“To a student of prehistoric religion, the earliest significant works are a group of about thirty-five female figurines found on twelve sites scattered from the Pyrenees to Siberia. In view of this vast geographical range, their similarity is striking. All are relatively small, about the length of a human hand, and all are footless and faceless with swollen breasts, buttocks and/or abdomens. Within this style there are some variations. They are fashioned in clay, ivory or stone. Some are fat, some apparently pregnant, and some have the breasts and buttocks alone emphasized. Those from western and central Europe tend to be found singly and without any context, while the Russian examples are found ore often in groups and on settlement sites. At Kostienki on the river Don, three were found in a niche in a hut wall. The situation could suggest that they were deities in a family shrine, but as they had been thrown there after being broken it looks more likely that they were being discarded or hidden. At Yeliseevici, on t he river Desna, one was found among three mammoths’ skulls arranged in a circle. At Laussel in the Dordogne, France, three reliefs of women holding objects were found carved upon boulders in a rock shelter. All are similar in style to the figurines and the best preserved holds what experts upon the fauna of the Palaeolithic have always identified as an upward-curving bison horn, marked with thirteen lines. The woman’s left hand rests upon her abdomen, and she has been painted red, which, as suggested above, seems to have been the colour most often connected with sacred or arcane matters in the Palaeolithic.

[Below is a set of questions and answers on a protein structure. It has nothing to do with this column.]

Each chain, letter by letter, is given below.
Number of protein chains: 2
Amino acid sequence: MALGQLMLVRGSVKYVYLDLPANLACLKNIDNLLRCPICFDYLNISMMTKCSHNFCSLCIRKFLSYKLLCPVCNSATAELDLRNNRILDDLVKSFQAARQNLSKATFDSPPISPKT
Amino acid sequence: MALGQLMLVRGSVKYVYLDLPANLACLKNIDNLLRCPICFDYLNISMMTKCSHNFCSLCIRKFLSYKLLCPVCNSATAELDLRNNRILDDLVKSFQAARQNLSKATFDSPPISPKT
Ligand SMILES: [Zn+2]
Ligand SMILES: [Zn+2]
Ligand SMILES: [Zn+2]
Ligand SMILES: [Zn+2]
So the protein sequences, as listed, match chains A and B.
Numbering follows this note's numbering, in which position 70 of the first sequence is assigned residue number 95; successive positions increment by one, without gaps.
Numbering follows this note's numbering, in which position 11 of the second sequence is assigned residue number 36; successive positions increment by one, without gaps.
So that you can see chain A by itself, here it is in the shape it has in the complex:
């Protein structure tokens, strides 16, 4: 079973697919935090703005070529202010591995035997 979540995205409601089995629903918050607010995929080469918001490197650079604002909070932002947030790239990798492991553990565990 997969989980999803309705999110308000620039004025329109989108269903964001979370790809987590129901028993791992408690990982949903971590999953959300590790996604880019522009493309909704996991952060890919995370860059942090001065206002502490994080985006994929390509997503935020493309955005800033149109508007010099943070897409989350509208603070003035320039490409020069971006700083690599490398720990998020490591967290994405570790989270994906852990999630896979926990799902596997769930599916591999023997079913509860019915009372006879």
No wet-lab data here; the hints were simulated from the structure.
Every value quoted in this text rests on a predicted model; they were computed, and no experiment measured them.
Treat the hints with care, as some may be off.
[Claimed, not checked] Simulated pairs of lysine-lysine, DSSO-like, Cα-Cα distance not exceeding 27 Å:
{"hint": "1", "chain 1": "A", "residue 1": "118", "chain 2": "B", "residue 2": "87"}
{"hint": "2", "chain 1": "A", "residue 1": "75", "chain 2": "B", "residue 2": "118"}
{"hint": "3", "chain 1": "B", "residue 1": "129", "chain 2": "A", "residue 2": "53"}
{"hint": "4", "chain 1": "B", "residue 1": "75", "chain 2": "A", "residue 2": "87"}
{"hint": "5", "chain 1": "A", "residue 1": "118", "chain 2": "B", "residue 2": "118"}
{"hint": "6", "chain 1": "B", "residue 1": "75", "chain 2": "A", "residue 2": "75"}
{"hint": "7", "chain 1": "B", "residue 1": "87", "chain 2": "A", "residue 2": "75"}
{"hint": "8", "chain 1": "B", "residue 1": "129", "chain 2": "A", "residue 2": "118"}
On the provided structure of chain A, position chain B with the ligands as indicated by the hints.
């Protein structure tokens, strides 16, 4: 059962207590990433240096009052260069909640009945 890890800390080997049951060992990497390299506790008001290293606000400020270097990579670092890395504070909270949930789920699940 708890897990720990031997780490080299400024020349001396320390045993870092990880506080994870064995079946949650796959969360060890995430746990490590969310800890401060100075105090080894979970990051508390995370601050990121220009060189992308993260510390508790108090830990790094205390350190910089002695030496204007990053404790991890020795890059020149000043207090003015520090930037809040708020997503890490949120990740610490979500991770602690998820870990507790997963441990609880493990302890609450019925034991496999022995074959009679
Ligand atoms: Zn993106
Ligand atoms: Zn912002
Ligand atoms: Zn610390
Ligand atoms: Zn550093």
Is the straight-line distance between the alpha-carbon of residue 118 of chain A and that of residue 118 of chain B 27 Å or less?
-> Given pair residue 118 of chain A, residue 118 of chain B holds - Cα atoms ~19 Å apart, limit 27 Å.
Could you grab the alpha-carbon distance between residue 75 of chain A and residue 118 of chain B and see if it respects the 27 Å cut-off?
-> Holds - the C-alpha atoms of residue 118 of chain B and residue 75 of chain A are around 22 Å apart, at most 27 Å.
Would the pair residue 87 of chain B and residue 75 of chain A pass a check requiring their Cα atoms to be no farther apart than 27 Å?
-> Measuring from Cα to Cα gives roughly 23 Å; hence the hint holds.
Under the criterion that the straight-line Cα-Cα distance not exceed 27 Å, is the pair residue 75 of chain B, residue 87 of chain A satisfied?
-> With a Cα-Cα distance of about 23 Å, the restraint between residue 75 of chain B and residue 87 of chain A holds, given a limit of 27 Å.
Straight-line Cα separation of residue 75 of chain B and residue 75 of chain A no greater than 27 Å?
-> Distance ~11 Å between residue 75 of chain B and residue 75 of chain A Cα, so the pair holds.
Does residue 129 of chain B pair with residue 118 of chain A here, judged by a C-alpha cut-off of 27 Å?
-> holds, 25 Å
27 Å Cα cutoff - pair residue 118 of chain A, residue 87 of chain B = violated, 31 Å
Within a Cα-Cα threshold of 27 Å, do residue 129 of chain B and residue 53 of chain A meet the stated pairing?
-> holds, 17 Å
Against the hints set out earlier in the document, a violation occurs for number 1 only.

No collection of male images is associated with all these females, the only masculine forms being a torso with a spear carved at Laussel and a crude and mutilated statuette from Czechoslovakia. There is also a scene engraved in the sequence at Lausesel which may show an act of human copulation, though it is not plain enough to afford any certainty. The only other evidence relating to these figurines is their dating, and here another striking similarity is revealed: all those from context which could be dated may be attributed to the centuries between about 25,000 and about 23,000 BC. All were therefor apparently produced in a relatively short period of the Palaeolithic, that in which the ice sheets were starting to advance southward for the last time. This fact would account for their complete absence from Britain, which the ice was rendering uninhabitable.